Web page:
May be distributed freely.  Please retain contact details: www.3dcoaching.com and send a copy/ link to info@3dcoaching.com

3D Juggling 578: Disfluency

Claire writes:  “When we were writing the Great Appointments book, Su and I invented the word disfluency.  We notice that really good and competent professionals are disfluent when it comes to talking about themselves and their skills and experience in an interview or assesment centre.

If you can’t describe yourself, the interviewers will not have enough information to be able to decid whether you are the right person for the role.

Here are some tips

  • Prepare your data on yourself as much as you research the data on them.  And then make the connections between the two
  • Make sure that you use a voice where you are confident – people are often fluent and articulate in meetings or presentations or in a public arena and inarticulate talking about themselves.
  • Stand in the role you are being interviewed for when you answer so that you are using their language and making the connections from your story into their context so that they can imagine what it will be like to have you in role.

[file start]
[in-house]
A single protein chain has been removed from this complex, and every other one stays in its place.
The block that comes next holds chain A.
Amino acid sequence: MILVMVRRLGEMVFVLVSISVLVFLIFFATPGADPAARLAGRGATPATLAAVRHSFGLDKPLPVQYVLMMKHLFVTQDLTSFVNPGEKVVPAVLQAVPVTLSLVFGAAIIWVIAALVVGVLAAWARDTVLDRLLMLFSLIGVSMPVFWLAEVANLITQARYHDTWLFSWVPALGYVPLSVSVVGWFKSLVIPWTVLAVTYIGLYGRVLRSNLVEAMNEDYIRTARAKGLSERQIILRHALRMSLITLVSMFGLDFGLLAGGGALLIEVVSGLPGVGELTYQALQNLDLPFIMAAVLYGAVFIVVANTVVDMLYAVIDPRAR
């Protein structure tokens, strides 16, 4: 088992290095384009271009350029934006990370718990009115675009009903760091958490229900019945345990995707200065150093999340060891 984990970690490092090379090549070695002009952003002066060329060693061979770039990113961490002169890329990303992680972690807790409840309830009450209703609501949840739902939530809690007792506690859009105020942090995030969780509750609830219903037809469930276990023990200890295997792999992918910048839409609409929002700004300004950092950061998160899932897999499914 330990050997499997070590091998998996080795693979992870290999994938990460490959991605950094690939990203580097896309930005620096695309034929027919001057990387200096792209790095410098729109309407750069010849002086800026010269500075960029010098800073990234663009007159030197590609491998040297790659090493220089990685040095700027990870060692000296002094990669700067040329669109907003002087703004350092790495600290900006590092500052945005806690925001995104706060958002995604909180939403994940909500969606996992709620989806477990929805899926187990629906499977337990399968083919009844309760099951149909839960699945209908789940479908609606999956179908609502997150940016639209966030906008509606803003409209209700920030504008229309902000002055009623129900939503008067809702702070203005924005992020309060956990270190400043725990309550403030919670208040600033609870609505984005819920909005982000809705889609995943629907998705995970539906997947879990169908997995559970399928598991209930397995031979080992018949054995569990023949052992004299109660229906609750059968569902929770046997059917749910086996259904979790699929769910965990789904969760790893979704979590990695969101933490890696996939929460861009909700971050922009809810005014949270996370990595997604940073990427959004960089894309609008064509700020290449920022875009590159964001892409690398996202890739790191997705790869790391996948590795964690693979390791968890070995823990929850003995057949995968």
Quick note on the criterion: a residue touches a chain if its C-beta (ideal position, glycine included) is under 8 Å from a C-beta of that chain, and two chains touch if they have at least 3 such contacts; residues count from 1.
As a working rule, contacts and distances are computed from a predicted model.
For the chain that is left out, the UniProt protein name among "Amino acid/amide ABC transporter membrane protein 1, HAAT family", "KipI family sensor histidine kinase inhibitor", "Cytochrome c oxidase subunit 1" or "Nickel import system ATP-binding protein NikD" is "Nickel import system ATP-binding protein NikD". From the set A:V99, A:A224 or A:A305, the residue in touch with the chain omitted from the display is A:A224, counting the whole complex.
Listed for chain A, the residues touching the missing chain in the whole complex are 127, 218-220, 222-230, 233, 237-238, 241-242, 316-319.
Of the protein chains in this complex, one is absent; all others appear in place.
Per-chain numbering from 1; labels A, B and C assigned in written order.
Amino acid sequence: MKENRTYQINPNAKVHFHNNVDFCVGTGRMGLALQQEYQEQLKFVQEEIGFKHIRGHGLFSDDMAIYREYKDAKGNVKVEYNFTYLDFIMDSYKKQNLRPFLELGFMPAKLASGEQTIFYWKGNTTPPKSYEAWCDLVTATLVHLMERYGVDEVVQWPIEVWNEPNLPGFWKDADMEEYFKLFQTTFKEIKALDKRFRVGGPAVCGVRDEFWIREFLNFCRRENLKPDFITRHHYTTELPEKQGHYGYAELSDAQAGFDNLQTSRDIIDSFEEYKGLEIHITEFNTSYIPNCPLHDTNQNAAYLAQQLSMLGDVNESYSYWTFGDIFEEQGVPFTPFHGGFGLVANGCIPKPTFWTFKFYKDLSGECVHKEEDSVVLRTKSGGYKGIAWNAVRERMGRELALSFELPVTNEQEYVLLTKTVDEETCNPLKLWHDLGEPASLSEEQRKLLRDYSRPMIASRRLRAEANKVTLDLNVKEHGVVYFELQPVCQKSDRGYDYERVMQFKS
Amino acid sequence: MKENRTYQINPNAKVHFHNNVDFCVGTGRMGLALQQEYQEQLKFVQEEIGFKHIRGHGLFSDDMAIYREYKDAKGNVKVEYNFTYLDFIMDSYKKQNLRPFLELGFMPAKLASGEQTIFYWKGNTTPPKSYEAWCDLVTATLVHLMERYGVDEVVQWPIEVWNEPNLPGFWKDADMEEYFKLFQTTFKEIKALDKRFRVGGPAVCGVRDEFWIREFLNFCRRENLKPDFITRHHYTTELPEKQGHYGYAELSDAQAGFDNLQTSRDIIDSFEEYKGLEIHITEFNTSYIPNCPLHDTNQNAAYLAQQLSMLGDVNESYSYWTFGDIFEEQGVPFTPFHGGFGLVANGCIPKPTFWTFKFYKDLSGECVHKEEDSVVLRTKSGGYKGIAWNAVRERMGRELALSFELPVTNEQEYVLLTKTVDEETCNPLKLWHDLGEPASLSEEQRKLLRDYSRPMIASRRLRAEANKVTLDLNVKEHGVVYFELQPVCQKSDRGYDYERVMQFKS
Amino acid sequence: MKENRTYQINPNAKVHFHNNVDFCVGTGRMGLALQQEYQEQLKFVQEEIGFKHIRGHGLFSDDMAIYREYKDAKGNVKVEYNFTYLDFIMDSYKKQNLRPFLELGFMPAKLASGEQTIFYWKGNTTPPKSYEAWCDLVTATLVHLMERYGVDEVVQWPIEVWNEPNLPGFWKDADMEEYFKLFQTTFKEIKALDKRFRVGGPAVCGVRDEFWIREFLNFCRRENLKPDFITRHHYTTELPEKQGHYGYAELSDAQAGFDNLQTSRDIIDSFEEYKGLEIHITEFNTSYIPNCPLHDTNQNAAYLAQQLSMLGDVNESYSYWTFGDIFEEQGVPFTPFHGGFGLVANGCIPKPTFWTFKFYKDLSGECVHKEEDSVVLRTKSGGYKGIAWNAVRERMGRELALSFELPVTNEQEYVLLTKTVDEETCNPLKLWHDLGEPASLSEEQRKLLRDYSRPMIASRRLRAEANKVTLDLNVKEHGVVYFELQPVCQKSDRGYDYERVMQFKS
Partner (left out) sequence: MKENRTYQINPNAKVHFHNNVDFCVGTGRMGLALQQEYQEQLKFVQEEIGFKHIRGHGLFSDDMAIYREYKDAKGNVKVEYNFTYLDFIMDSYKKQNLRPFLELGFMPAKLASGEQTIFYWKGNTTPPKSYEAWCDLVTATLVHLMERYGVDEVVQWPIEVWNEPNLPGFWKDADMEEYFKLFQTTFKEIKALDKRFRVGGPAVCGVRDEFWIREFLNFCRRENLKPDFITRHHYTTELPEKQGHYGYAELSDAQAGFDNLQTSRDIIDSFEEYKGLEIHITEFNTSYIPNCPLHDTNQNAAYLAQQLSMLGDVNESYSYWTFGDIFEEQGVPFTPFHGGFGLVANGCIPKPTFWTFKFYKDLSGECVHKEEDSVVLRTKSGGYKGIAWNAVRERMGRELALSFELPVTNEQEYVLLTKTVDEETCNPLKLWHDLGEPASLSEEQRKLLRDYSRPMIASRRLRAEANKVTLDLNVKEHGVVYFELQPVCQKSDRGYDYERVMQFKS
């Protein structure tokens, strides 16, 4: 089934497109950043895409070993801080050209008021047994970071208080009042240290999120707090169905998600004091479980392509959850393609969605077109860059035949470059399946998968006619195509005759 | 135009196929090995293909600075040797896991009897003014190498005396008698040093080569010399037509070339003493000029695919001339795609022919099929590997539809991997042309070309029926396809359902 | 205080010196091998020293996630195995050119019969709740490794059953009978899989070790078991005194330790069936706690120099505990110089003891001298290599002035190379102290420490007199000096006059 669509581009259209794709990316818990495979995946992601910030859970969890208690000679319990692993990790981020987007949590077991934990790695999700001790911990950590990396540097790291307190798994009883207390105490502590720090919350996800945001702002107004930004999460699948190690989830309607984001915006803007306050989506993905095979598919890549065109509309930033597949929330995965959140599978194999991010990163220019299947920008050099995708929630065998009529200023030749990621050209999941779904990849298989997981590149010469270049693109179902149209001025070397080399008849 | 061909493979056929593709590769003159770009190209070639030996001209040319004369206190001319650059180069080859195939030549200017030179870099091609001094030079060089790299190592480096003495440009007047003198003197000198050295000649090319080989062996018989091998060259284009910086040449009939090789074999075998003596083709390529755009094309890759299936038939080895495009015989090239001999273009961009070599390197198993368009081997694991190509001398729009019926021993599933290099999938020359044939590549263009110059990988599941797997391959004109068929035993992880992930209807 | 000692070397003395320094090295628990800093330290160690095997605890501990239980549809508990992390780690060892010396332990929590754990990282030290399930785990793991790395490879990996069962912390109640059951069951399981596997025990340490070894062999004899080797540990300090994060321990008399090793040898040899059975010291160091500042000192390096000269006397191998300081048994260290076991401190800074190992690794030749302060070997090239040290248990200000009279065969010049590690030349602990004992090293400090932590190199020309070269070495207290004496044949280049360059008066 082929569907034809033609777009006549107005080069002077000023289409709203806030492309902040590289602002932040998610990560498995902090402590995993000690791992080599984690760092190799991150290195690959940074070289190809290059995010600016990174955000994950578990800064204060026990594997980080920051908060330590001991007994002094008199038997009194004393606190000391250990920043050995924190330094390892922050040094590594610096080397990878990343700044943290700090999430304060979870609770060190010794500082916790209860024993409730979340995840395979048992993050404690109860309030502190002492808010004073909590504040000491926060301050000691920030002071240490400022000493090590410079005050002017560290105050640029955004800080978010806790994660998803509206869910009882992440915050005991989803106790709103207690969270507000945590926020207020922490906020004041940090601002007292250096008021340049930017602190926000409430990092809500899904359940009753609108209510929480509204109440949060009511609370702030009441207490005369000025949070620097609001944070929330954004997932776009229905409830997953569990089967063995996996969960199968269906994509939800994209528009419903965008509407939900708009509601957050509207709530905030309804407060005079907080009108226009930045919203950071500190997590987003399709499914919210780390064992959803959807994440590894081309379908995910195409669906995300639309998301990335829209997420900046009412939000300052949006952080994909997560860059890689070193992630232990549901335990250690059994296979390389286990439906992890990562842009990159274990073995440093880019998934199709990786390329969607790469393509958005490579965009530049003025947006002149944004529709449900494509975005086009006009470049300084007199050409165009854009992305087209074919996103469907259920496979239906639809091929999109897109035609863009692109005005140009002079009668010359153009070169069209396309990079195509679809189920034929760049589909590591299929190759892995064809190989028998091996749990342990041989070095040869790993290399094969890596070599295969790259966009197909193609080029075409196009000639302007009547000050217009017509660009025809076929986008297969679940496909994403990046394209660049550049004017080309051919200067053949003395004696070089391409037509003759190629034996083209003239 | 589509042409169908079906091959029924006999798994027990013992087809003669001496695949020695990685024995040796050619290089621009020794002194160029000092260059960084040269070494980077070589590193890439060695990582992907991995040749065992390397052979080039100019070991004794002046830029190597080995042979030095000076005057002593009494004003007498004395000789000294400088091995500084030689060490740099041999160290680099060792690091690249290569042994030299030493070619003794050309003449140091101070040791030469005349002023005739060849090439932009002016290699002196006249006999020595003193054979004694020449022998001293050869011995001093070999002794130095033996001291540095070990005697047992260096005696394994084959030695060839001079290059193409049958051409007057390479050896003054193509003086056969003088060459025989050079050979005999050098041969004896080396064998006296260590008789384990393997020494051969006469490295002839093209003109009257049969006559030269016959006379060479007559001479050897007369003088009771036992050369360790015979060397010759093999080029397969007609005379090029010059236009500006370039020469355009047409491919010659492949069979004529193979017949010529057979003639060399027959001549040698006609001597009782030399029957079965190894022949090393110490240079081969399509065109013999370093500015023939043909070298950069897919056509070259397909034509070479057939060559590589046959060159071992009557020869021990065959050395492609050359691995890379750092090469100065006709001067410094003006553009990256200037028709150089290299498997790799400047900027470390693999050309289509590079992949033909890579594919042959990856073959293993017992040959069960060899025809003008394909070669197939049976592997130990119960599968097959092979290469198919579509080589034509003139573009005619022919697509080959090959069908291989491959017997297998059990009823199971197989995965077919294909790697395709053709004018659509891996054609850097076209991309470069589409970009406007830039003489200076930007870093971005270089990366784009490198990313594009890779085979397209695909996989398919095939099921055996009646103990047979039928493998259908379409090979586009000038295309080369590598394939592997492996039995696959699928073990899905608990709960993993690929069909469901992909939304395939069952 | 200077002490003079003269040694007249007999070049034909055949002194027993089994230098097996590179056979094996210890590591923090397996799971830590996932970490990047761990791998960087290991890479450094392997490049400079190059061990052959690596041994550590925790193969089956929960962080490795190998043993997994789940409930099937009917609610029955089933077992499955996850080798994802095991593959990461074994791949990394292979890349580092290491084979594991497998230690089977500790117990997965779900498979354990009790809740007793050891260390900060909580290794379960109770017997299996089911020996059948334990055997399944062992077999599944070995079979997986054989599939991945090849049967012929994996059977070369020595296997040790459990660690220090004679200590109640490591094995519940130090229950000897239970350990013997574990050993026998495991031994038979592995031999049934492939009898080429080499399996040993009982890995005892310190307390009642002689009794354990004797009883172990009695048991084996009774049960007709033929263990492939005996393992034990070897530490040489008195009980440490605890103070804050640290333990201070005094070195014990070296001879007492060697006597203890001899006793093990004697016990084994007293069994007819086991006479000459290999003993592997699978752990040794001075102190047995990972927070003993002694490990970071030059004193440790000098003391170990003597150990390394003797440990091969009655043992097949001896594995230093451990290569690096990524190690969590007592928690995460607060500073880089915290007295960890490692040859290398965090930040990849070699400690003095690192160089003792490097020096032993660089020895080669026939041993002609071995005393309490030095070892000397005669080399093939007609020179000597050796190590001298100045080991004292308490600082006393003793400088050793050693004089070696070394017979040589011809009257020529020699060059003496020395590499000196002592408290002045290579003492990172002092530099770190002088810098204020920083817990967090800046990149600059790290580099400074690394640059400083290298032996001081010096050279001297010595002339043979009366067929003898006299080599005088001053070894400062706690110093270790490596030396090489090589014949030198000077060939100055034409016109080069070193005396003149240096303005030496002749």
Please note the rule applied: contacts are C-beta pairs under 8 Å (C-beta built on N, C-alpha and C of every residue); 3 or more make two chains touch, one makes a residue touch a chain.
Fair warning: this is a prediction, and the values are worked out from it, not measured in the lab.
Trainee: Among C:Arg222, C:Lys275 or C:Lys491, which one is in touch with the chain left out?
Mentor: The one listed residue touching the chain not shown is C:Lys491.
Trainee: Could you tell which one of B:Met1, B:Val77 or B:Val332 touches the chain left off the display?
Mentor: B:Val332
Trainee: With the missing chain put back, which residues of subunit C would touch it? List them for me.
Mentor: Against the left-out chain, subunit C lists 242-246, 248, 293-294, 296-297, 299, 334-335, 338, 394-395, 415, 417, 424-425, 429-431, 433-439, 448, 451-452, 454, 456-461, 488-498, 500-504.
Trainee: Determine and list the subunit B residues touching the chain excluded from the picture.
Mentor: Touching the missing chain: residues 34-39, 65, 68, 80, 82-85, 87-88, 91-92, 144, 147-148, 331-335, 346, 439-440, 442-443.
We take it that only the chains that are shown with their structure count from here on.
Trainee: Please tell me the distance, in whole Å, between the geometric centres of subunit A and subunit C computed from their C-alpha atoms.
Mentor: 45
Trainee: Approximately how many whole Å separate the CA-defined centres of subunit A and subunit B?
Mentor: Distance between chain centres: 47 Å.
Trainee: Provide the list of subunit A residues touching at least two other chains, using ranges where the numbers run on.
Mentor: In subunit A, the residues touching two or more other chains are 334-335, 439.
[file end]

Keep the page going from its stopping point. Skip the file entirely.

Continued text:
Disfluency, unexplored will mean that they don’t meet the real you.  Think about it…”

If you want some help preparing for interview, give us a call on 01462 483798.

© 2012 3D Coaching Ltd
May be distributed freely.  Please retain contact details: www.3dcoaching.com and send a copy/ link to info@3dcoaching.com

3D Juggling 532: What They Don’t Tell You

Claire writes: ‘It must be the season for job applications because we have been doing plenty of interview coaching lately. You may have seen the article in last week’s Church Times about just one of the courses we ran this month.

By the time you get to interview, all the candidates will meet the person profile, more or less.  The job of the application form/ CV is to give enough evidence of how you meet the job spec, why you want to work for them and why they want to appoint you – so that you get on the short list.  I am looking over a form this morning which gives great data about ‘why I would like to do a job like that in any organisation’ but fails to address the question – why I want THIS job with YOU.

What the interviewers want to know on the day is whether their hunch that you fit the profile is correct and then what else you bring? What will you bring to the role that the other candidates don’t?  You need to know your added value and to be able to clearly communicate it – even if – or especially when – you are an internal candidate.  What’s your added value? Think about it…’